(Host) Towns are always looking for ways to encourage people to spend their money close to home. One of the ideas that’s been tried in the past is creating a local "currency" that a businesses in a community accept in lieu of cash.
As VPR’s Melody Bodette reports, even though the concept has had limited success, some towns are looking to revive it.
(Bodette) Vermont’s biggest experiment with a local paper currency was in Burlington.
It was called "Burlington Bread" and was launched in the late ‘90s as a way to boost the city’s economy.
Burlington Bread was designed just like U.S. currency. But instead of being printed in denominations of the dollar, it was denominated in slices of bread.
At one point as many as 20,000 "slices" were in circulation.
Amy Kirschner took over at the Burlington Currency Project in its last few years. She says problems developed.
(Kirschner) "The most popular businesses, always food businesses, would end up with a stockpile of bread, and they were always the ones who were dissatisfied because they had nowhere to spend it. We tried to get them to give it back in change but that was difficult, it literally didn’t fit in cash registers, it was slightly too big, so it stayed in the back offices."
(Bodette) A business could accept bread in lieu of cash, but then couldn’t convert it into dollars. So their only choices were to spend bread at another business that accepted it, or to pay their employees with it. Soon stores stopped accepting bread altogether.
Burlington Bread finally fell apart after ten years in circulation.
Kirschner says she learned competing with the U.S. dollar is not easy.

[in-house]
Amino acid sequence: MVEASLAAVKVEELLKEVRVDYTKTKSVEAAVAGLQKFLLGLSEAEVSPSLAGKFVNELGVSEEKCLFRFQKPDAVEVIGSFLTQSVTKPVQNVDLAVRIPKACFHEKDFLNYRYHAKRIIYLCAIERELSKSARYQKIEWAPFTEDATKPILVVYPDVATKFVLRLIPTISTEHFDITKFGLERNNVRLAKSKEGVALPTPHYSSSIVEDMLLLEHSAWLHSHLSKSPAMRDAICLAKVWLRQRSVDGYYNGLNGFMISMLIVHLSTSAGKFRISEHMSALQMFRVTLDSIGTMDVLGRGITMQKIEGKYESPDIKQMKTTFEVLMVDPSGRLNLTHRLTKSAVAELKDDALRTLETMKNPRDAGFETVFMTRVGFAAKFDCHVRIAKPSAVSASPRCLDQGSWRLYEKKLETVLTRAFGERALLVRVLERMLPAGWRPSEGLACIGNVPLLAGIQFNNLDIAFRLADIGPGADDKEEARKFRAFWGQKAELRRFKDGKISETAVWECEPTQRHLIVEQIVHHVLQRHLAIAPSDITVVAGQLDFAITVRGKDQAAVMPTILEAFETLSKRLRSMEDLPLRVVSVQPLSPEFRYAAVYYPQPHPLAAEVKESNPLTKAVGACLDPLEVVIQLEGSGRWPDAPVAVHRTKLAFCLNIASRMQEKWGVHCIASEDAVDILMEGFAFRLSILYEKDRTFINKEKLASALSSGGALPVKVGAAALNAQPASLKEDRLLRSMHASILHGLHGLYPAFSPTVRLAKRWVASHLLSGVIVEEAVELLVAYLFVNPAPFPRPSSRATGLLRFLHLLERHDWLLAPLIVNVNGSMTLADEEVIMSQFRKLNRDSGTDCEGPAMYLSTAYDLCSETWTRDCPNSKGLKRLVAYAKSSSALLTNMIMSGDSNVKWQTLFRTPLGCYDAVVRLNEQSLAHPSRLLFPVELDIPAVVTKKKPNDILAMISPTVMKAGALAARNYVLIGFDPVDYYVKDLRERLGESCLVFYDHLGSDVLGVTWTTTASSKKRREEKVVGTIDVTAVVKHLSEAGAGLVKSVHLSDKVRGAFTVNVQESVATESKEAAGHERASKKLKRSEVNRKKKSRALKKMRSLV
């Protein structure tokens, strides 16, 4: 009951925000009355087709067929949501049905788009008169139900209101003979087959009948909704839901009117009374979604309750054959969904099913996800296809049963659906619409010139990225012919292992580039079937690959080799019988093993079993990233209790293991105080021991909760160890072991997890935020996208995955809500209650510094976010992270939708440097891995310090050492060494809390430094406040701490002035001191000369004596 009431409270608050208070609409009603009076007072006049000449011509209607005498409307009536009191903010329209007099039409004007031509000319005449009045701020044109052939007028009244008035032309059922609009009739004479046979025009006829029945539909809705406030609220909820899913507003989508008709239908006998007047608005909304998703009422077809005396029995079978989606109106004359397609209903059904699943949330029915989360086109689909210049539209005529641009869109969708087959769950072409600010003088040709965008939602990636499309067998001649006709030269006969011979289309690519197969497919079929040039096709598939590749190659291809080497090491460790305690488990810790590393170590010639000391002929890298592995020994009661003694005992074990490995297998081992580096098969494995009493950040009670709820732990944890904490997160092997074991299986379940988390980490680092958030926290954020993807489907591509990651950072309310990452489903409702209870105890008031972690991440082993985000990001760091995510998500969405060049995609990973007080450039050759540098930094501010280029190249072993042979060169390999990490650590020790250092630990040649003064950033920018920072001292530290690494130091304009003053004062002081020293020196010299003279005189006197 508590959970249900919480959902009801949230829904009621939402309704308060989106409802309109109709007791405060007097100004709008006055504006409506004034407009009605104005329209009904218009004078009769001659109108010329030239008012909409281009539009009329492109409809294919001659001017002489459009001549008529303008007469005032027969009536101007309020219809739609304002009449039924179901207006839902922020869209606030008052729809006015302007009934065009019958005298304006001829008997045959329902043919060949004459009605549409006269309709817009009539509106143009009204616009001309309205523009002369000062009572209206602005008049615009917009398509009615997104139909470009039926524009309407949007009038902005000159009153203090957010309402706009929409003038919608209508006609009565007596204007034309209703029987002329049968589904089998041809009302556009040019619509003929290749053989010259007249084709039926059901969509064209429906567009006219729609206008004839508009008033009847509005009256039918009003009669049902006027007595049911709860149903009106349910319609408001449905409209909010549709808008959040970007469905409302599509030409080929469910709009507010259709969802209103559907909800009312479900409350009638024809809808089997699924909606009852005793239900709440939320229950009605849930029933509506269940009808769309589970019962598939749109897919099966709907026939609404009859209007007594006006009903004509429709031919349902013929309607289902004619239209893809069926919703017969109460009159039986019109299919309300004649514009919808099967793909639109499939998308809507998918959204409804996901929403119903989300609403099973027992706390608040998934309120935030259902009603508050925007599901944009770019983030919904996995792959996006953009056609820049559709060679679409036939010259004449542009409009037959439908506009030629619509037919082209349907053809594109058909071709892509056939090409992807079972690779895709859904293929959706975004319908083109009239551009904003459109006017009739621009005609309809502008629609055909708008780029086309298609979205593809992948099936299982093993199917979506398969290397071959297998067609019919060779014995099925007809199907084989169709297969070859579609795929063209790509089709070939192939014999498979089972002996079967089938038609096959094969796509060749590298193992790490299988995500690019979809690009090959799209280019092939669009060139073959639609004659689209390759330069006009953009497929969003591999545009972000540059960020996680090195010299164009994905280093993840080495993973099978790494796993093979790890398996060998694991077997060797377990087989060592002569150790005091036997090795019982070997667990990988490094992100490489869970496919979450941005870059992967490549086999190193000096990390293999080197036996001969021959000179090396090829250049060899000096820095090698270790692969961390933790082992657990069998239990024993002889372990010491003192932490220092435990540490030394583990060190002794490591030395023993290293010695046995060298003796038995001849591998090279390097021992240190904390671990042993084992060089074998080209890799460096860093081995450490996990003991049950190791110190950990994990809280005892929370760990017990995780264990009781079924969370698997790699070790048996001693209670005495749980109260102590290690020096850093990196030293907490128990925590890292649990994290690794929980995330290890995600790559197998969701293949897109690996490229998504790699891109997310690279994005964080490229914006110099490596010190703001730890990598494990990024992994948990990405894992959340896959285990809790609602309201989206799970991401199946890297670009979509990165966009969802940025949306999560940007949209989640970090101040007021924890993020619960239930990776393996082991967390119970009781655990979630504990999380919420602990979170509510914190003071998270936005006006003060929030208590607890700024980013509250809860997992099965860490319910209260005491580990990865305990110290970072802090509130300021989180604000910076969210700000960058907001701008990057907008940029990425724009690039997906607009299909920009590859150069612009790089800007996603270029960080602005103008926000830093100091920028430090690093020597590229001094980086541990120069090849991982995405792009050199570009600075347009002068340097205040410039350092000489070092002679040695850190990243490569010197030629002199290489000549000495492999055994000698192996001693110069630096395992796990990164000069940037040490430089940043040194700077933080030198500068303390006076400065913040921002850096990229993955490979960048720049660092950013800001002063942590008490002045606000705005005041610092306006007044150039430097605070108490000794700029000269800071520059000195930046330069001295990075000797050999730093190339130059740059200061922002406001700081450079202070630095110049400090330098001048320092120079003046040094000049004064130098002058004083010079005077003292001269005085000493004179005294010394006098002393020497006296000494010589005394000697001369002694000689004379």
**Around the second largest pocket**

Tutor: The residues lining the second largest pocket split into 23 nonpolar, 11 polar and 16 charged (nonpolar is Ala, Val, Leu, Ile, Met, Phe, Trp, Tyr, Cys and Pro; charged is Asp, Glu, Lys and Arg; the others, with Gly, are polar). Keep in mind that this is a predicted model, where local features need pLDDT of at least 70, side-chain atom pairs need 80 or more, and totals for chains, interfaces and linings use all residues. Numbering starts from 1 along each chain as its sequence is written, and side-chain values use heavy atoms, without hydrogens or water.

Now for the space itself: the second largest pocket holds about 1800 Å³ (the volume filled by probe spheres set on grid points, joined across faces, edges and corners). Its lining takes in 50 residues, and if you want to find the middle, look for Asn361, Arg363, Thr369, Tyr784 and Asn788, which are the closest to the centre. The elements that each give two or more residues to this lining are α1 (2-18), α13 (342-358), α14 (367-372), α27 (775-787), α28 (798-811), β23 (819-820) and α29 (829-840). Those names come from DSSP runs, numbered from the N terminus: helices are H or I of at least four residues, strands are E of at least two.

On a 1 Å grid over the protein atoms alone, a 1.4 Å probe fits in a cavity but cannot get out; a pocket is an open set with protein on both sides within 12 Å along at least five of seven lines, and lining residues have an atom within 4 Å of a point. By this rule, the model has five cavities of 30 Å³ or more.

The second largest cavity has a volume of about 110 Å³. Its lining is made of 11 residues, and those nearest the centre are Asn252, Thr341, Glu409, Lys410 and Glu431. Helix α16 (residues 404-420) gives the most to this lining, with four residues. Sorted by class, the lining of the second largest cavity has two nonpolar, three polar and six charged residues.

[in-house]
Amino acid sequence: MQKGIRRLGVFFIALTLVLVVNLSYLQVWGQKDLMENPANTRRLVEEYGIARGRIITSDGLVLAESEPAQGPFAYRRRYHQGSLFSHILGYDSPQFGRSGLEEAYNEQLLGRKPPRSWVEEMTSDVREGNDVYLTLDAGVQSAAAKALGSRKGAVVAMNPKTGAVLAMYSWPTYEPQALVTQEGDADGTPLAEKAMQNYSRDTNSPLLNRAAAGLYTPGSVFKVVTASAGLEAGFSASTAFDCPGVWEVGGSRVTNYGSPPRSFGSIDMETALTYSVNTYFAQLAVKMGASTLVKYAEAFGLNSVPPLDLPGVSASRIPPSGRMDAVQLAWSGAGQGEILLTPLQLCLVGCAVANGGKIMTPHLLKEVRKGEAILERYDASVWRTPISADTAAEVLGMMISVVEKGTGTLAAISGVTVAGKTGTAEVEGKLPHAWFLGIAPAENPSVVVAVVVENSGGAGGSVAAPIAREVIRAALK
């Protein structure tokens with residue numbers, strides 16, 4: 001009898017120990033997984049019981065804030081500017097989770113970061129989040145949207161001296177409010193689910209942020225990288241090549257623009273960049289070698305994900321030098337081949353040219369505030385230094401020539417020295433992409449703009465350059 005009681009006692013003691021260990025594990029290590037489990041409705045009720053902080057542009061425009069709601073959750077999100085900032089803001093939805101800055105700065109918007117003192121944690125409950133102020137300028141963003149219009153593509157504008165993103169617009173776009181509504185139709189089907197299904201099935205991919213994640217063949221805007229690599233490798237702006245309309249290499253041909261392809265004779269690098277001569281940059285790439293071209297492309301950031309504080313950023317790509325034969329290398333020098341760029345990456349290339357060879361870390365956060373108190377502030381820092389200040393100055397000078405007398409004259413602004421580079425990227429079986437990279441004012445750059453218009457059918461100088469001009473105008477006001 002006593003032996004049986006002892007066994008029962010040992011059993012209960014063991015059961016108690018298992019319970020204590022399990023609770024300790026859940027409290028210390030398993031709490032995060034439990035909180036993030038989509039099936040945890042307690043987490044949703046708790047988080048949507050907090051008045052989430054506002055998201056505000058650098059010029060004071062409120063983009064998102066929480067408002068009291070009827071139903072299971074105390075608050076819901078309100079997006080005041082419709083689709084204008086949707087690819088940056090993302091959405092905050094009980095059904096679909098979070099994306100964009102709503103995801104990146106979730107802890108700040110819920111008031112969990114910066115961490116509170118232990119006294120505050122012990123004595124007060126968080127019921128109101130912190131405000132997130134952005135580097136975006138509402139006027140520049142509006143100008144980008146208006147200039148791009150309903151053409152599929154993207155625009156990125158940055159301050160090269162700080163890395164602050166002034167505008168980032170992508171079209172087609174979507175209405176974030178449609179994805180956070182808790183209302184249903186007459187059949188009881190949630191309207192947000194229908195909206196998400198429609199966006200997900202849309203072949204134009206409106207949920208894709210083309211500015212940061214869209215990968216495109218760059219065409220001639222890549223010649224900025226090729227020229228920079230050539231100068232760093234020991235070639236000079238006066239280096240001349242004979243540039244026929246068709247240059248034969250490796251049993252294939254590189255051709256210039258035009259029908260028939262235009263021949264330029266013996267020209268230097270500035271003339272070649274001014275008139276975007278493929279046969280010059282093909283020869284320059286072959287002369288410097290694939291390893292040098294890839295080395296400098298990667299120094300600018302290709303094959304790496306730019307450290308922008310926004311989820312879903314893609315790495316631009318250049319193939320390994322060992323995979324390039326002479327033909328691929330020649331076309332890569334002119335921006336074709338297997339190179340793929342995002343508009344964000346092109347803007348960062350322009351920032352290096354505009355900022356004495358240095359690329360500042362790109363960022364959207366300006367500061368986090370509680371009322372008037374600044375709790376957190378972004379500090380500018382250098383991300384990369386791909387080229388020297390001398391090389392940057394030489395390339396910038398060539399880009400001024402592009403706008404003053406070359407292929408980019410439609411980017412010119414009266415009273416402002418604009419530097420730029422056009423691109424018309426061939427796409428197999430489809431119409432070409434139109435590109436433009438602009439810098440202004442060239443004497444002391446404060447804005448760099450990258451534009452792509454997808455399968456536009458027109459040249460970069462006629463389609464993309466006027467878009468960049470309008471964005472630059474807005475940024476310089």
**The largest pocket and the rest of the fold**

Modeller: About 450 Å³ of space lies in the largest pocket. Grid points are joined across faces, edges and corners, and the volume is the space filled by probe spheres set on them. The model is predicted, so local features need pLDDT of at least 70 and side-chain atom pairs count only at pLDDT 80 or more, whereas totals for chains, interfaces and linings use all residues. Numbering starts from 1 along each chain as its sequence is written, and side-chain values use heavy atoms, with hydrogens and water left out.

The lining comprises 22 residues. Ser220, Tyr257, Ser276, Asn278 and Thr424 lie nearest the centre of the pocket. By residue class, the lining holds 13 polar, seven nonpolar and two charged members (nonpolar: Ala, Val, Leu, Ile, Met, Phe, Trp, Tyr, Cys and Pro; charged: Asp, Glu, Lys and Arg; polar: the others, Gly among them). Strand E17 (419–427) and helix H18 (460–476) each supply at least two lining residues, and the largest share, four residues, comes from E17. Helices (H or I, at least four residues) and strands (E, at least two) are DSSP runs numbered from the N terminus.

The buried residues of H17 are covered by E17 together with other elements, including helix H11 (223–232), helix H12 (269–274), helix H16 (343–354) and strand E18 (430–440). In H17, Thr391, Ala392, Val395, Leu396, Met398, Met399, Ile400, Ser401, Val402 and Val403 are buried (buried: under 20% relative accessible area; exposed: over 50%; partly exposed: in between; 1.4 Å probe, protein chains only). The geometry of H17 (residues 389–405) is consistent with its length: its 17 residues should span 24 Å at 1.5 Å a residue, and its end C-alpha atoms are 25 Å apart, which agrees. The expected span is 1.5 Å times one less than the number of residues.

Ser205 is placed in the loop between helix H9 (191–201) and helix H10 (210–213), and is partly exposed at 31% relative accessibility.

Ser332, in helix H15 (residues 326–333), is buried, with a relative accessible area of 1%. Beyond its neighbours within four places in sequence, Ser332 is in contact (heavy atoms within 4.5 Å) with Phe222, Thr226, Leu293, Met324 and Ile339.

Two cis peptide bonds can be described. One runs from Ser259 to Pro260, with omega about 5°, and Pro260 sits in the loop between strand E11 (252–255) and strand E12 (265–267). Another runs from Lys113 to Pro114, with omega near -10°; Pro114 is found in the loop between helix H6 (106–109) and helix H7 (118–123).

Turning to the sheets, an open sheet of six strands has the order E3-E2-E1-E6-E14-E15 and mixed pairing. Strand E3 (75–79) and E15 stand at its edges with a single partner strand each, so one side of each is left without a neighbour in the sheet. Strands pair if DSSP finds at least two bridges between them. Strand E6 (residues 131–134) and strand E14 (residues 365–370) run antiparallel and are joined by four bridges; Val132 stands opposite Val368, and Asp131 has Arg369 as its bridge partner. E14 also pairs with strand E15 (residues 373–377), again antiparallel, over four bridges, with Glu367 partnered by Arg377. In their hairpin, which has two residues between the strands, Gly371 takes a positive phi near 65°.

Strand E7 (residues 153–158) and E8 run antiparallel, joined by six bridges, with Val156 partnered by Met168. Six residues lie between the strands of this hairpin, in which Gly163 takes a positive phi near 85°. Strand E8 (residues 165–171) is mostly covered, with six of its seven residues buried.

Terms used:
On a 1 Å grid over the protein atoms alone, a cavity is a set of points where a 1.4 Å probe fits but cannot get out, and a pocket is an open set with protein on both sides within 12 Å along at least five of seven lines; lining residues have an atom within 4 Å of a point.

(Kirschner) "I think there was the incorrect idea, as the local currencies happened in the ‘80s or ‘90s, that they could voluntarily run and could be done on the side at Friday meetings, during potlucks. These are full time jobs, with professional services needed and if you don’t have a revenue model to support that, you’re going to wind up with unhappy customers."
(Bodette) It’s a message Kirschner recently shared with Transition Putney, which is exploring creating its own local currency.
(Hoviss) "What we’re going to try to do is look at where there were failures and where there were problems and we’ll try to address those head on before we release the currency."
(Bodette) Daniel Hoviss is the chair of the currency committee in Putney.
Instead of competing with U.S. dollars, Hoviss says Putney is looking for a way to work with it:
(Hoviss) "It will be critical for people to be able to exchange their money back for more money, if we’re going to be printing paper, not only is it taxable, but it has to interoperate with real currencies, so there are hurdles ahead."
(Bodette) But if Putney’s money is interchangeable with the dollar, there has to be a reason for people to use the Putney money. And those are the details the group is working to nail down. Hoviss would like to see some of the money used to raise money for renewable energy projects.
Middlebury also added a "hook" to its local currency to encourage people to use it for their own purchases.
"Middlebury Money" was launched 15 years ago by the Better Middlebury Partnership. It’s organized differently because it’s effectively a check drawn on a local bank.
After businesses accept Middlebury money, they can turn it in to the bank for U-S dollars. And businesses make change in dollars, which simplifies transactions for cashiers.
Committee chair Becky Dayton says area businesses are now donating a percentage of all purchases made with Middlebury Money to the area business group, which in turn uses the money for advocacy, marketing and to pay for four yearly events that drive shoppers to the area.
(Dayton) "We’re hoping that people will buy it and use it, give it as tips or reward their employees with it, still we don’t really consider it currency because it’s not. Each bill can only be used once."
(Bodette) Even so, if the goal is getting money into the town’s economy, Middlebury Money seems to be succeeding. $32,000 worth of the bills were sold last year.
For VPR News, I’m Melody Bodette.